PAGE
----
Take the 2-minute tour ×
Stack Overflow is a question and answer site for professional and enthusiast programmers. It's 100% free, no registration required.

I am trying to make a file transfer between server and client, but is working very badly. Basically what needs to happen is:
1) The client send a txt file to the server (i called it "quotidiani.txt")
2) The server saves it in another txt file ("receive.txt")
3) The server runs a script on it that modifies it and saves it with another name ("output.txt")
4) The server send the file back to the client that saves it (on the same socket) with the name (final.txt)

The problem is that the first file (quotidiani.txt) is read just for a little part, and then there are some errors. I am not very proficient in C, what i wrote i found around on this site and some others, and i read some tutorials and guides. I'd like someone to help me understand and correct my errors. I spent hours and hours on this but i can't find a solution...

Thank you for help in advance, i'm gonna write the codes now:

client.c:

#include <stdlib.h>
#include <stdio.h>
#include <errno.h>
#include <string.h>
#include <sys/types.h>
#include <netinet/in.h>
#include <sys/wait.h>
#include <sys/socket.h>
#include <signal.h>
#include <ctype.h>          
#include <arpa/inet.h>
#include <netdb.h>

#define PORT 20000
#define LENGTH 512 


void error(const char *msg)
{
    perror(msg);
    exit(1);
}

int main(int argc, char *argv[])
{
    /* Variable Definition */
    int sockfd; 
    int nsockfd;
    char revbuf[LENGTH]; 
    struct sockaddr_in remote_addr;

    /* Get the Socket file descriptor */
    if ((sockfd = socket(AF_INET, SOCK_STREAM, 0)) == -1)
    {
        fprintf(stderr, "ERROR: Failed to obtain Socket Descriptor! (errno = %d)\n",errno);
        exit(1);
    }

    /* Fill the socket address struct */
    remote_addr.sin_family = AF_INET; 
    remote_addr.sin_port = htons(PORT); 
    inet_pton(AF_INET, "127.0.0.1", &remote_addr.sin_addr); 
    bzero(&(remote_addr.sin_zero), 8);

    /* Try to connect the remote */
    if (connect(sockfd, (struct sockaddr *)&remote_addr, sizeof(struct sockaddr)) == -1)
    {
        fprintf(stderr, "ERROR: Failed to connect to the host! (errno = %d)\n",errno);
        exit(1);
    }
    else 
        printf("[Client] Connected to server at port %d...ok!\n", PORT);

    /* Send File to Server */
    //if(!fork())
    //{
        char* fs_name = "/home/aryan/Desktop/quotidiani.txt";
        char sdbuf[LENGTH]; 
        printf("[Client] Sending %s to the Server... ", fs_name);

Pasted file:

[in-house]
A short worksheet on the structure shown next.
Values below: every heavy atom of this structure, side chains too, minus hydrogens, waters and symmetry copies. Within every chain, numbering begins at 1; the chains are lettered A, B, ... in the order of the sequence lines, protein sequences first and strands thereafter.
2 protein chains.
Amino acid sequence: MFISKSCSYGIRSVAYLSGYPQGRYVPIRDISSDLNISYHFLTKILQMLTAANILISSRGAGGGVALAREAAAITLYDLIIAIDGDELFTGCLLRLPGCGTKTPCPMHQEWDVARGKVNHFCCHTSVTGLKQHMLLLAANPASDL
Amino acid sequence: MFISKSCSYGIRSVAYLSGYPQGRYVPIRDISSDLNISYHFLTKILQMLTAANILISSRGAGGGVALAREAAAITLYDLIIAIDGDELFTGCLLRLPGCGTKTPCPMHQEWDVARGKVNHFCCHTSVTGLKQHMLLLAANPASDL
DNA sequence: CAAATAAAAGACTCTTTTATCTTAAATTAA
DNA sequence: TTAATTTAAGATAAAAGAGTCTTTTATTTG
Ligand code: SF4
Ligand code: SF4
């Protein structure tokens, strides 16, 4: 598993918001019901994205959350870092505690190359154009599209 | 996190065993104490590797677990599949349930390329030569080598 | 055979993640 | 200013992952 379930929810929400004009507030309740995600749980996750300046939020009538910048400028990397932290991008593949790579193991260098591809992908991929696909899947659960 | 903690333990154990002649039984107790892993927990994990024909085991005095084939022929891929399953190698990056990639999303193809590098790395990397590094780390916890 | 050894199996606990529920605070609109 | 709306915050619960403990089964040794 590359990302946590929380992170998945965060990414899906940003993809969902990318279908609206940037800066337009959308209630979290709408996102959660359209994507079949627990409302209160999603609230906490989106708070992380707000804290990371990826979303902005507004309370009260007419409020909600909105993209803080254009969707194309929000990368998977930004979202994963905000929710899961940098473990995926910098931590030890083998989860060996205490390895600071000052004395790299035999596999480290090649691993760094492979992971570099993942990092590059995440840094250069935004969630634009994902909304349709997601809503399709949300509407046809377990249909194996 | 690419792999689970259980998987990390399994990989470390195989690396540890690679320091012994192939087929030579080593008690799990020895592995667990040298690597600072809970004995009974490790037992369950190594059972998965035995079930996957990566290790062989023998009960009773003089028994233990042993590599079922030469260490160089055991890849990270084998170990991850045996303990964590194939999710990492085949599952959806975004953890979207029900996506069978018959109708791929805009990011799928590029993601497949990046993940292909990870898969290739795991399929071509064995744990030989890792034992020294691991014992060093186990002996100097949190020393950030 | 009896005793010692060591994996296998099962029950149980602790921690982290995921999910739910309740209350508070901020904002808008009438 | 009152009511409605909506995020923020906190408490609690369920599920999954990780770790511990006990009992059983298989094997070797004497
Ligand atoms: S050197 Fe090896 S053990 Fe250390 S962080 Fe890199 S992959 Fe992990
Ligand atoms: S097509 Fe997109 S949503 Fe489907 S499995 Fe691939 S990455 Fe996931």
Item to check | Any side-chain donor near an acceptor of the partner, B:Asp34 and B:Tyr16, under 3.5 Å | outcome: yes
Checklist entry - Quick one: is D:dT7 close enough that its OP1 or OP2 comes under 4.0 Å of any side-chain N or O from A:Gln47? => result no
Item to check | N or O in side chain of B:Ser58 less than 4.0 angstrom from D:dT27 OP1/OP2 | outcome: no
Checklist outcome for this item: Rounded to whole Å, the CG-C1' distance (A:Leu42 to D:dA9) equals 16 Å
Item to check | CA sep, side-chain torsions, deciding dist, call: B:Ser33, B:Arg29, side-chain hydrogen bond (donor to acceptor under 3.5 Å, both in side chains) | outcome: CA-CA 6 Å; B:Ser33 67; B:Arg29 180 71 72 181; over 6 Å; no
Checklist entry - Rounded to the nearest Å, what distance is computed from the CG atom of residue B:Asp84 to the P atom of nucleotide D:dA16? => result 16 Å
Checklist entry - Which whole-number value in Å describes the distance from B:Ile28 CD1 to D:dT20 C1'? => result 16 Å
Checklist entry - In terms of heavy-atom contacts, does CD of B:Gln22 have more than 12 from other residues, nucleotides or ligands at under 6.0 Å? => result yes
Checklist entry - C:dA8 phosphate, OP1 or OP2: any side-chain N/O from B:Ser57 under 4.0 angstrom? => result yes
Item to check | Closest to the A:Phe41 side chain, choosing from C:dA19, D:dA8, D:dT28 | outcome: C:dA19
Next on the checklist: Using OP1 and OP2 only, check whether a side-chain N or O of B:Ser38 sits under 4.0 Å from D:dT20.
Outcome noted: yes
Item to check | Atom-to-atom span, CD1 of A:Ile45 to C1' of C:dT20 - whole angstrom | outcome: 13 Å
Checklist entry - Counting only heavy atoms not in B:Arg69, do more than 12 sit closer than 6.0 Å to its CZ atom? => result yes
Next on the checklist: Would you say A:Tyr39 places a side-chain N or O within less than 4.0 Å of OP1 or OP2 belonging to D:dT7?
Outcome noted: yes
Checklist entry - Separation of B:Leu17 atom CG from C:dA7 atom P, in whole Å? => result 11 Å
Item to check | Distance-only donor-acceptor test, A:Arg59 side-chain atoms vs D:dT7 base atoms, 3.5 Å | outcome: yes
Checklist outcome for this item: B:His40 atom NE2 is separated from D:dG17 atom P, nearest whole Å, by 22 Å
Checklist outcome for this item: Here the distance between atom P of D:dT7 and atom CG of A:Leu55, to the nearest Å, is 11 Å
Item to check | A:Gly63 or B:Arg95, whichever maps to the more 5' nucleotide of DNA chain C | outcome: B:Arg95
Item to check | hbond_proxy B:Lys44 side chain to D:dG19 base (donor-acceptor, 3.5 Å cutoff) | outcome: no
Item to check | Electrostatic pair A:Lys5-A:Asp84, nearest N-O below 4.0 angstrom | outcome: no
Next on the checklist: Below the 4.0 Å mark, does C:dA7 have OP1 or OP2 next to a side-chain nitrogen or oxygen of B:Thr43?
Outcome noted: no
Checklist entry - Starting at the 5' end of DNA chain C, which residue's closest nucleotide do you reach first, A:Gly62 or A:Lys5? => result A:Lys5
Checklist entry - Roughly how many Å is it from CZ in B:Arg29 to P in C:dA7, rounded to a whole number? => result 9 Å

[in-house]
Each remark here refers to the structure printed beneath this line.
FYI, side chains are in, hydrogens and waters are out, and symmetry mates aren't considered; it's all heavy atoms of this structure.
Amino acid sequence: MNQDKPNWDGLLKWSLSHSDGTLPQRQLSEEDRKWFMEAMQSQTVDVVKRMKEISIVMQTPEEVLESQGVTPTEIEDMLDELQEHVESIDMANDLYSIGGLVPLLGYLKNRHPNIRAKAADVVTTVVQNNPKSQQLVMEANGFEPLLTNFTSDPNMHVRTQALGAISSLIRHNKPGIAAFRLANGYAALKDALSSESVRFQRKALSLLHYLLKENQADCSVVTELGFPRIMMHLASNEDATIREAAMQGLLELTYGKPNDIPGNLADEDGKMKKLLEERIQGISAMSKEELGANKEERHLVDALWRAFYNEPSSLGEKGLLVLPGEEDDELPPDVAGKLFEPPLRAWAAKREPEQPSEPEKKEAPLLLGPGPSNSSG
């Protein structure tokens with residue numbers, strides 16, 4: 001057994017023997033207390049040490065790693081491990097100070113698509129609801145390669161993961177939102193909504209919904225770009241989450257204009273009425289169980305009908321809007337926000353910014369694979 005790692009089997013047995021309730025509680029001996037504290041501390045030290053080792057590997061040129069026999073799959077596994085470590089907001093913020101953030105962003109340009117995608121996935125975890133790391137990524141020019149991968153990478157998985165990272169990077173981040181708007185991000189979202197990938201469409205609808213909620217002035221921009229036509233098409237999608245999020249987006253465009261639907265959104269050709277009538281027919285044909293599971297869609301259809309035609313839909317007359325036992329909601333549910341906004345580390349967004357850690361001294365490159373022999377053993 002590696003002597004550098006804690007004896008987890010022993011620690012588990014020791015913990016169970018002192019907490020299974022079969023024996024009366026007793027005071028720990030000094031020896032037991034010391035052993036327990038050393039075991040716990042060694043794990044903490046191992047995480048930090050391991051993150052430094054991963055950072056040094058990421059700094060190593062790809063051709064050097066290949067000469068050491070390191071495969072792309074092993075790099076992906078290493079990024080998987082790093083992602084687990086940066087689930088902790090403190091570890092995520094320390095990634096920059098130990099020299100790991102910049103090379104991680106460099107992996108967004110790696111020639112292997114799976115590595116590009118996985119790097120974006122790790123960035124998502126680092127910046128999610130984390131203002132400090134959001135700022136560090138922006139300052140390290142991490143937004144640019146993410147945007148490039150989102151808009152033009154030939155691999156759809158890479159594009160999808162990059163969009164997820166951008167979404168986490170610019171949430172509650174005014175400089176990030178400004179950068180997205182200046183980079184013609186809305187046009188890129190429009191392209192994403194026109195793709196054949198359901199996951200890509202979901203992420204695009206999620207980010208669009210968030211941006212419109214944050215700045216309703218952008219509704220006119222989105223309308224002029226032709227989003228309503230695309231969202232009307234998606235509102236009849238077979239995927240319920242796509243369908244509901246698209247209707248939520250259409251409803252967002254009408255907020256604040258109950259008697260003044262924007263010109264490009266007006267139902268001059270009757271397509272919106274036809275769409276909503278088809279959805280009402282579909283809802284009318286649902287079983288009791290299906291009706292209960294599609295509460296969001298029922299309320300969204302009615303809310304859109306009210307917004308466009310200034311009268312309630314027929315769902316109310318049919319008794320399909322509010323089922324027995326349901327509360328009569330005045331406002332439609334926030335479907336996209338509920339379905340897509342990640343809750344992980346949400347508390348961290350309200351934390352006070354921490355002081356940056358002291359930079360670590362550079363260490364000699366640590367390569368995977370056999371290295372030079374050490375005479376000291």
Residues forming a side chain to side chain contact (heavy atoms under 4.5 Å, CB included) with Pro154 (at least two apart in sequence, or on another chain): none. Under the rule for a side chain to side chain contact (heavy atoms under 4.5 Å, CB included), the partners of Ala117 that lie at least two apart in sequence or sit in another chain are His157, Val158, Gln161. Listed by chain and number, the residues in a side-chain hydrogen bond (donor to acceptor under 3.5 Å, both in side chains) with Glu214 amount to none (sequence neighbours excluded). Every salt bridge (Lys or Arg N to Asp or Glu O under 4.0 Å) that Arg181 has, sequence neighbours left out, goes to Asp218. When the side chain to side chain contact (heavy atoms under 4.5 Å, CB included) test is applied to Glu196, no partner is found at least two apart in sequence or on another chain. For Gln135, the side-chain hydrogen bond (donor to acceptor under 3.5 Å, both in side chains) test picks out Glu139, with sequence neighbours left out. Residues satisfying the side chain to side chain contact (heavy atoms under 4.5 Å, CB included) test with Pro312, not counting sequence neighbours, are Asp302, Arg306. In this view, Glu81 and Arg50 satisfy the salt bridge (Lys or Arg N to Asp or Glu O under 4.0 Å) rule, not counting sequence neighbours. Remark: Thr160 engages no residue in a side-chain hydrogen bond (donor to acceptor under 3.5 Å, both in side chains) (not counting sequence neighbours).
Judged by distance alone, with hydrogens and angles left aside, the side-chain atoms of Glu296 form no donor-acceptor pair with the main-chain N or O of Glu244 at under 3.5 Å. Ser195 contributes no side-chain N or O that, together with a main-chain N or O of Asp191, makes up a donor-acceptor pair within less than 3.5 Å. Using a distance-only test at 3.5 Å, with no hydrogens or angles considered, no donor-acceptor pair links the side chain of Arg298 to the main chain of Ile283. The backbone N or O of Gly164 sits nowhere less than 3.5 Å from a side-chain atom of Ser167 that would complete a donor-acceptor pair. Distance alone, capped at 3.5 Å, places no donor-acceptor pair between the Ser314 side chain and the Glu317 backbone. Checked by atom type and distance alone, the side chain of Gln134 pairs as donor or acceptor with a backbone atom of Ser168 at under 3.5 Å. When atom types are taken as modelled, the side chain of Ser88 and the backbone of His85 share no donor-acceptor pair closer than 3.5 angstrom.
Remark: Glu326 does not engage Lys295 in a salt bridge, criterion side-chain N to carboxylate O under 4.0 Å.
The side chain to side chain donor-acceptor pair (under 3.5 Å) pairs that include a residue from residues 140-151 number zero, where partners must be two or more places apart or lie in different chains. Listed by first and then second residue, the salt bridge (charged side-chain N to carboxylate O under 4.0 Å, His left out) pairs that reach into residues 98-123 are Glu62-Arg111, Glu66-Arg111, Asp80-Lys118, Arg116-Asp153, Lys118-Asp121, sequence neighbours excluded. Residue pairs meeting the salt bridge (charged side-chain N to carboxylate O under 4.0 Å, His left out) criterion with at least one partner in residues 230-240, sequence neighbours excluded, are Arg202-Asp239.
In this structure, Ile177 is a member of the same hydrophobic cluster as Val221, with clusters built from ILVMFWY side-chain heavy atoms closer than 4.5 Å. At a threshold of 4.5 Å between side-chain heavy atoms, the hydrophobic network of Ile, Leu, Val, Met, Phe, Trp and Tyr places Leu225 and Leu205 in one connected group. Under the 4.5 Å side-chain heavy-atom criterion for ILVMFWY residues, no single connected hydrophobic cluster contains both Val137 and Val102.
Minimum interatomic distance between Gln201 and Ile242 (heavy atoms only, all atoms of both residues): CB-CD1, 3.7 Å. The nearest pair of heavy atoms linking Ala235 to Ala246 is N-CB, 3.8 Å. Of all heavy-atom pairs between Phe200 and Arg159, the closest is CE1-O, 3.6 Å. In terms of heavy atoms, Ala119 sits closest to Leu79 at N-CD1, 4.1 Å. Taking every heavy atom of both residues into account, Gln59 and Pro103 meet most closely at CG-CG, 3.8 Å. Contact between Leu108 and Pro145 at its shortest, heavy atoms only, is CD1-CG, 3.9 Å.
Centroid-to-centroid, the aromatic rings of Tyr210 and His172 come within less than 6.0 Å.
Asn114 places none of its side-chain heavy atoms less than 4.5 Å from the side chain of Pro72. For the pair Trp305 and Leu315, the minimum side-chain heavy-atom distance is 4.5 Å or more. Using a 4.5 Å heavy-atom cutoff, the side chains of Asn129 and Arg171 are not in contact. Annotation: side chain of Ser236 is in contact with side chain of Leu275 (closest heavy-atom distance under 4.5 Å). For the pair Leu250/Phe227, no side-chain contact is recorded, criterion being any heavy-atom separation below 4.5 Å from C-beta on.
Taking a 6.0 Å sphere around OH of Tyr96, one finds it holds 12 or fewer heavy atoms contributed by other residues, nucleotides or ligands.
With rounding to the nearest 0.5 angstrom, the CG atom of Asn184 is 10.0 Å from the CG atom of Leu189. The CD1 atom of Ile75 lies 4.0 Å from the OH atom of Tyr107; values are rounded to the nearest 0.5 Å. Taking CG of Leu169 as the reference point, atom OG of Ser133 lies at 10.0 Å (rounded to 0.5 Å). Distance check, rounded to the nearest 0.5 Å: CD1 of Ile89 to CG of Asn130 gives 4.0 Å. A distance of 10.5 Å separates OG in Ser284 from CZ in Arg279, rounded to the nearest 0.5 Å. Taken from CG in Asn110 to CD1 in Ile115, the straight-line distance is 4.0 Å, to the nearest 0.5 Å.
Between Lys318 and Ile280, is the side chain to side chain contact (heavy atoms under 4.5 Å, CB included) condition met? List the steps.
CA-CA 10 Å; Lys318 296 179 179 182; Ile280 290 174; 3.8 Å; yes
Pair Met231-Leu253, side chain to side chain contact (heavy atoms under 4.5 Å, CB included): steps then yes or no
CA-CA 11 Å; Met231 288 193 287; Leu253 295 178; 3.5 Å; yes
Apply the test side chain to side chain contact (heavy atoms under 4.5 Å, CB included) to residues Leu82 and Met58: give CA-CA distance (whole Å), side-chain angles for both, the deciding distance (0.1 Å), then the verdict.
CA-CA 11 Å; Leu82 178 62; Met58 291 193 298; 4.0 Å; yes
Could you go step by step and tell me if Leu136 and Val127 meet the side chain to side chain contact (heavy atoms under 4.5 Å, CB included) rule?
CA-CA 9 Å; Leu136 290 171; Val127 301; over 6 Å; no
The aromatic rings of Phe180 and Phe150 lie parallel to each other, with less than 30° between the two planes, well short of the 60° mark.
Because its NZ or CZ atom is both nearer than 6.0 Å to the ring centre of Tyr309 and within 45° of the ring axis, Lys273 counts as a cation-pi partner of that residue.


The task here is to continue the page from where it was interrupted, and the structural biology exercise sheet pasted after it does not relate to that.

FILE *fs = fopen(fs_name, "r");
        if(fs == NULL)
        {
            printf("ERROR: File %s not found.\n", fs_name);
            exit(1);
        }

        bzero(sdbuf, LENGTH); 
        int fs_block_sz; 
        while((fs_block_sz = fread(sdbuf, sizeof(char), LENGTH, fs)) > 0)
        {
            if(send(sockfd, sdbuf, fs_block_sz, 0) < 0)
            {
                fprintf(stderr, "ERROR: Failed to send file %s. (errno = %d)\n", fs_name, errno);
                break;
            }
            bzero(sdbuf, LENGTH);
        }
        printf("Ok File %s from Client was Sent!\n", fs_name);
    //}

    /* Receive File from Server */
    printf("[Client] Receiveing file from Server and saving it as final.txt...");
    char* fr_name = "/home/aryan/Desktop/progetto/final.txt";
    FILE *fr = fopen(fr_name, "a");
    if(fr == NULL)
        printf("File %s Cannot be opened.\n", fr_name);
    else
    {
        bzero(revbuf, LENGTH); 
        int fr_block_sz = 0;
        while((fr_block_sz = recv(sockfd, revbuf, LENGTH, 0)) > 0)
        {
            int write_sz = fwrite(revbuf, sizeof(char), fr_block_sz, fr);
            if(write_sz < fr_block_sz)
            {
                error("File write failed.\n");
            }
            bzero(revbuf, LENGTH);
            if (fr_block_sz == 0 || fr_block_sz != 512) 
            {
                break;
            }
        }
        if(fr_block_sz < 0)
        {
            if (errno == EAGAIN)
            {
                printf("recv() timed out.\n");
            }
            else
            {
                fprintf(stderr, "recv() failed due to errno = %d\n", errno);
            }
        }
        printf("Ok received from server!\n");
        fclose(fr);
    }
    close (sockfd);
    printf("[Client] Connection lost.\n");
    return (0);
}

server.c

#include <stdlib.h>
#include <stdio.h>
#include <errno.h>
#include <string.h>
#include <sys/types.h>
#include <netinet/in.h>
#include <sys/wait.h>
#include <sys/socket.h>
#include <signal.h>
#include <ctype.h>          
#include <arpa/inet.h>
#include <netdb.h>

#define PORT 20000 
#define BACKLOG 5
#define LENGTH 512 

void error(const char *msg)
{
    perror(msg);
    exit(1);
}

int main ()
{
    /* Defining Variables */
    int sockfd; 
    int nsockfd; 
    int num;
    int sin_size; 
    struct sockaddr_in addr_local; /* client addr */
    struct sockaddr_in addr_remote; /* server addr */
    char revbuf[LENGTH]; // Receiver buffer

    /* Get the Socket file descriptor */
    if((sockfd = socket(AF_INET, SOCK_STREAM, 0)) == -1 )
    {
        fprintf(stderr, "ERROR: Failed to obtain Socket Descriptor. (errno = %d)\n", errno);
        exit(1);
    }
    else 
        printf("[Server] Obtaining socket descriptor successfully.\n");

    /* Fill the client socket address struct */
    addr_local.sin_family = AF_INET; // Protocol Family
    addr_local.sin_port = htons(PORT); // Port number
    addr_local.sin_addr.s_addr = INADDR_ANY; // AutoFill local address
    bzero(&(addr_local.sin_zero), 8); // Flush the rest of struct

    /* Bind a special Port */
    if( bind(sockfd, (struct sockaddr*)&addr_local, sizeof(struct sockaddr)) == -1 )
    {
        fprintf(stderr, "ERROR: Failed to bind Port. (errno = %d)\n", errno);
        exit(1);
    }
    else 
        printf("[Server] Binded tcp port %d in addr 127.0.0.1 sucessfully.\n",PORT);

    /* Listen remote connect/calling */